The second thing that stood out for me was how he regarded each of the "first families" he worked for. He clearly grew very attached to whoever he worked for, and through his eyes I was able to see the various Presidents and First Ladies as the normal human beings they are. That's an interesting perspective you don't usually see.

Thirdly, I could barely keep my mouth from watering while reading about all the amazing desserts that were prepared over Mr. Mesnier's 40-something year career! Note: don't read this if you are hungry.

One last note: One of the reviewers mentioned a left-leaning slant to Mr. Mesnier's politics. I simply did not see that. In fact, he seemed particularly attached to the family of Bush Sr. And when the Iraq war was looming, he was in full support of it, so much so that he couldn't believe that his home country of France was against it. There are many other examples, but the point is, Mr. Mesnier was very loyal to whomever he served, whether Democrat or Republican.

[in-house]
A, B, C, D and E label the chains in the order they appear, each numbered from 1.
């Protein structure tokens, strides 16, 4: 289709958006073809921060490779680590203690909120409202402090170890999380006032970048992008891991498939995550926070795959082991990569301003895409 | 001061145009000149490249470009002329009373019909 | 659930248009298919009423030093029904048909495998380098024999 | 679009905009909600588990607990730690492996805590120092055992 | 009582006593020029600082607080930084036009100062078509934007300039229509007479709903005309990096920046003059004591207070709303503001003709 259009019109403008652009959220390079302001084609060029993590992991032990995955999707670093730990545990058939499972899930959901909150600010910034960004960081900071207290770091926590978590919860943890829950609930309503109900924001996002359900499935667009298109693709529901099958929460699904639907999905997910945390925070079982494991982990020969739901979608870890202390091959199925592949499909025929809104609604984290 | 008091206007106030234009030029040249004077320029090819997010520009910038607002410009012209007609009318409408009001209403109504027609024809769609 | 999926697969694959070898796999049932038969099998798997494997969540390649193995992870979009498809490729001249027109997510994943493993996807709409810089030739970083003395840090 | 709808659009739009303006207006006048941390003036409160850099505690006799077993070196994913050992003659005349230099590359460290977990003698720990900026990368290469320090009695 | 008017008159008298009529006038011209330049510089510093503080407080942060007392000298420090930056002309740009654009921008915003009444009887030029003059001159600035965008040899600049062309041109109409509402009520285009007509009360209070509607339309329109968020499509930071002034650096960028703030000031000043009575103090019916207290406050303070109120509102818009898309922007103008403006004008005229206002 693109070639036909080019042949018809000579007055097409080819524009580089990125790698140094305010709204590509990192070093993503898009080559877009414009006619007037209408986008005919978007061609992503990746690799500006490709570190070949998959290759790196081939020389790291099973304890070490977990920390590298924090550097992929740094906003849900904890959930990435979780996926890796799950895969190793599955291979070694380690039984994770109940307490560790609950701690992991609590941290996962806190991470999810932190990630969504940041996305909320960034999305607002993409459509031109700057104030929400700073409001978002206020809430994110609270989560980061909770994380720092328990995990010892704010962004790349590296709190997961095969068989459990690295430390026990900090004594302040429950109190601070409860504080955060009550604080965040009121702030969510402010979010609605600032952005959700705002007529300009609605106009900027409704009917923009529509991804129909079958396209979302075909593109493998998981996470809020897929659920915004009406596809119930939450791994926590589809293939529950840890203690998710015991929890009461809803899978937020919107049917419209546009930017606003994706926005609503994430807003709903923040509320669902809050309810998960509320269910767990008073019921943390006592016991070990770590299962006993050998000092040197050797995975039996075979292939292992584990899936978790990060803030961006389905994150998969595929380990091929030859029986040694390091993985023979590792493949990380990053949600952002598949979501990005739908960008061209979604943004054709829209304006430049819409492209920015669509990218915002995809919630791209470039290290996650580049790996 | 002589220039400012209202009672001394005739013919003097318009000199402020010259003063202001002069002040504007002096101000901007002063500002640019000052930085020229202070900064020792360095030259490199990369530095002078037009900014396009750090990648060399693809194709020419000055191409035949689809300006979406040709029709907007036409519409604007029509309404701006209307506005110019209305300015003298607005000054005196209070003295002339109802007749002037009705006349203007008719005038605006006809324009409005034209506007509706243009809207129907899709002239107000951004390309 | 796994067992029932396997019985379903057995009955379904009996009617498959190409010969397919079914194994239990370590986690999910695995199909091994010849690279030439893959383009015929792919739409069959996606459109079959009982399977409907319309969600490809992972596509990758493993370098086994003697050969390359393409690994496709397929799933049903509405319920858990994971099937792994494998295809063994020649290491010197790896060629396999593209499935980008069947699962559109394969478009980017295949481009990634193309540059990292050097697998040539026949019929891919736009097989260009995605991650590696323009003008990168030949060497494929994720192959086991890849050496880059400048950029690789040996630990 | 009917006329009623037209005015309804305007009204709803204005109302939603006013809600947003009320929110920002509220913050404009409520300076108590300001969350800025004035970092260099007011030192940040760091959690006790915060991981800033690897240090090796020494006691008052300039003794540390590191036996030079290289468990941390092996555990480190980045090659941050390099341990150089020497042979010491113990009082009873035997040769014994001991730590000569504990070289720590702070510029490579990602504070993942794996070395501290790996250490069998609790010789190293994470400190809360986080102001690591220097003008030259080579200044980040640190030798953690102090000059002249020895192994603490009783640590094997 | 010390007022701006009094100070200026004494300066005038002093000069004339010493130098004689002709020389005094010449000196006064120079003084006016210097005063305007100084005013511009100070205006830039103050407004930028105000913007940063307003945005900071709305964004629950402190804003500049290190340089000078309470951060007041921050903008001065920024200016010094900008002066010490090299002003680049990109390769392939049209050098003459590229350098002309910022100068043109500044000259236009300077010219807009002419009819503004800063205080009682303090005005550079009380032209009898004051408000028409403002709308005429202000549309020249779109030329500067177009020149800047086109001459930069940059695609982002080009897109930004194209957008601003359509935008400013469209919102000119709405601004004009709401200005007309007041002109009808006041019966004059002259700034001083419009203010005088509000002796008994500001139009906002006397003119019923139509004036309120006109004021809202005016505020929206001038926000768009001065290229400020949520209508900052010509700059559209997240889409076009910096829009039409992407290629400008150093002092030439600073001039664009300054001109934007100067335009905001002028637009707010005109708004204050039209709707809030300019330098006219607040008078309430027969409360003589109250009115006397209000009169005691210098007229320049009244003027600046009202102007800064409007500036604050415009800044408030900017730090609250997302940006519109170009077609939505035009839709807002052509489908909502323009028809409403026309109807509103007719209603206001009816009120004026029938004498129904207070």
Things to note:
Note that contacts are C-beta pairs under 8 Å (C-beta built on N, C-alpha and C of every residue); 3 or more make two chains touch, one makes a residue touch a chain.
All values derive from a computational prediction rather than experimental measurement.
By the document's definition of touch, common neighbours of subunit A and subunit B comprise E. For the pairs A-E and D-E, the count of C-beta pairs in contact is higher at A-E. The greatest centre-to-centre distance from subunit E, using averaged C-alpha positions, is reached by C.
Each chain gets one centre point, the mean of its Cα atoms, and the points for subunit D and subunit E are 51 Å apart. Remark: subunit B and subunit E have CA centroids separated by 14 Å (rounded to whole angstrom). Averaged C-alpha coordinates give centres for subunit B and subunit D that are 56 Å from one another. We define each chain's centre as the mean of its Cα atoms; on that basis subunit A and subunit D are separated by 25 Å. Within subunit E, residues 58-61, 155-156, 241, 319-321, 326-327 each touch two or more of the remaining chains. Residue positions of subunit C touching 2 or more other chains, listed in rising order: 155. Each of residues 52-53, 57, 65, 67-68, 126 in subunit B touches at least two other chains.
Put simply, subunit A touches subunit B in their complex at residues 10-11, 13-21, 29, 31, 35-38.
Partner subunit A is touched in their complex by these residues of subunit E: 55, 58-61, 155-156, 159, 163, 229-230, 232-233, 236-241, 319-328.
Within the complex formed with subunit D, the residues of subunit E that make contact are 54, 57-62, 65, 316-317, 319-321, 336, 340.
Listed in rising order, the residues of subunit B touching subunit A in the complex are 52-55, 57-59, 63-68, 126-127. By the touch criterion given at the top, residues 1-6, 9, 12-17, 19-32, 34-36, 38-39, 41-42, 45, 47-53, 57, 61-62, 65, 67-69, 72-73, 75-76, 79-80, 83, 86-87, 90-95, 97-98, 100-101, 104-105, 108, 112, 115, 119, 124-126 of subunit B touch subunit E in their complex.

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10 of 10 people found the following review helpful By Carol McKeen on March 22, 2007
Format: Hardcover
I thoroughly enjoyed this book. It combines a true rags to riches story with behind the scenes looks at our Presidents and their families, the organizational aspects of running White House entertainment, stories of the world leaders who visit there and what it takes to welcome them, and finally, for any foodie, great descriptions of the dessert creations. I enjoyed reading both about the very baroque elaborate creations made for state dinners and the much simpler family desserts. There are interesting comments on events that we all read about - Clinton's Lewinsky affair, Nancy Reagan's iron rule, the events of 9/11, etc. Final bonus - recipes. If you love french cuisine, autobiography and history, this combines them all.
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9 of 9 people found the following review helpful By R. Maccini on May 31, 2007
Format: Hardcover
I enjoyed reading about the pastries that were prepared in the White House. It was very light hearted reading and I thought that Mesnier's life journey from a small village in France to the White House made for good reading. When I noticed that there were glossy colored pages in the middle of the book, I became very excited. All along he states that the desserts he prepares are photographed. Yet, most of the photographs in the center of the book were of the presidents and their wives. Every glossy page could have been a picture of a delectable delight. What a disappointment.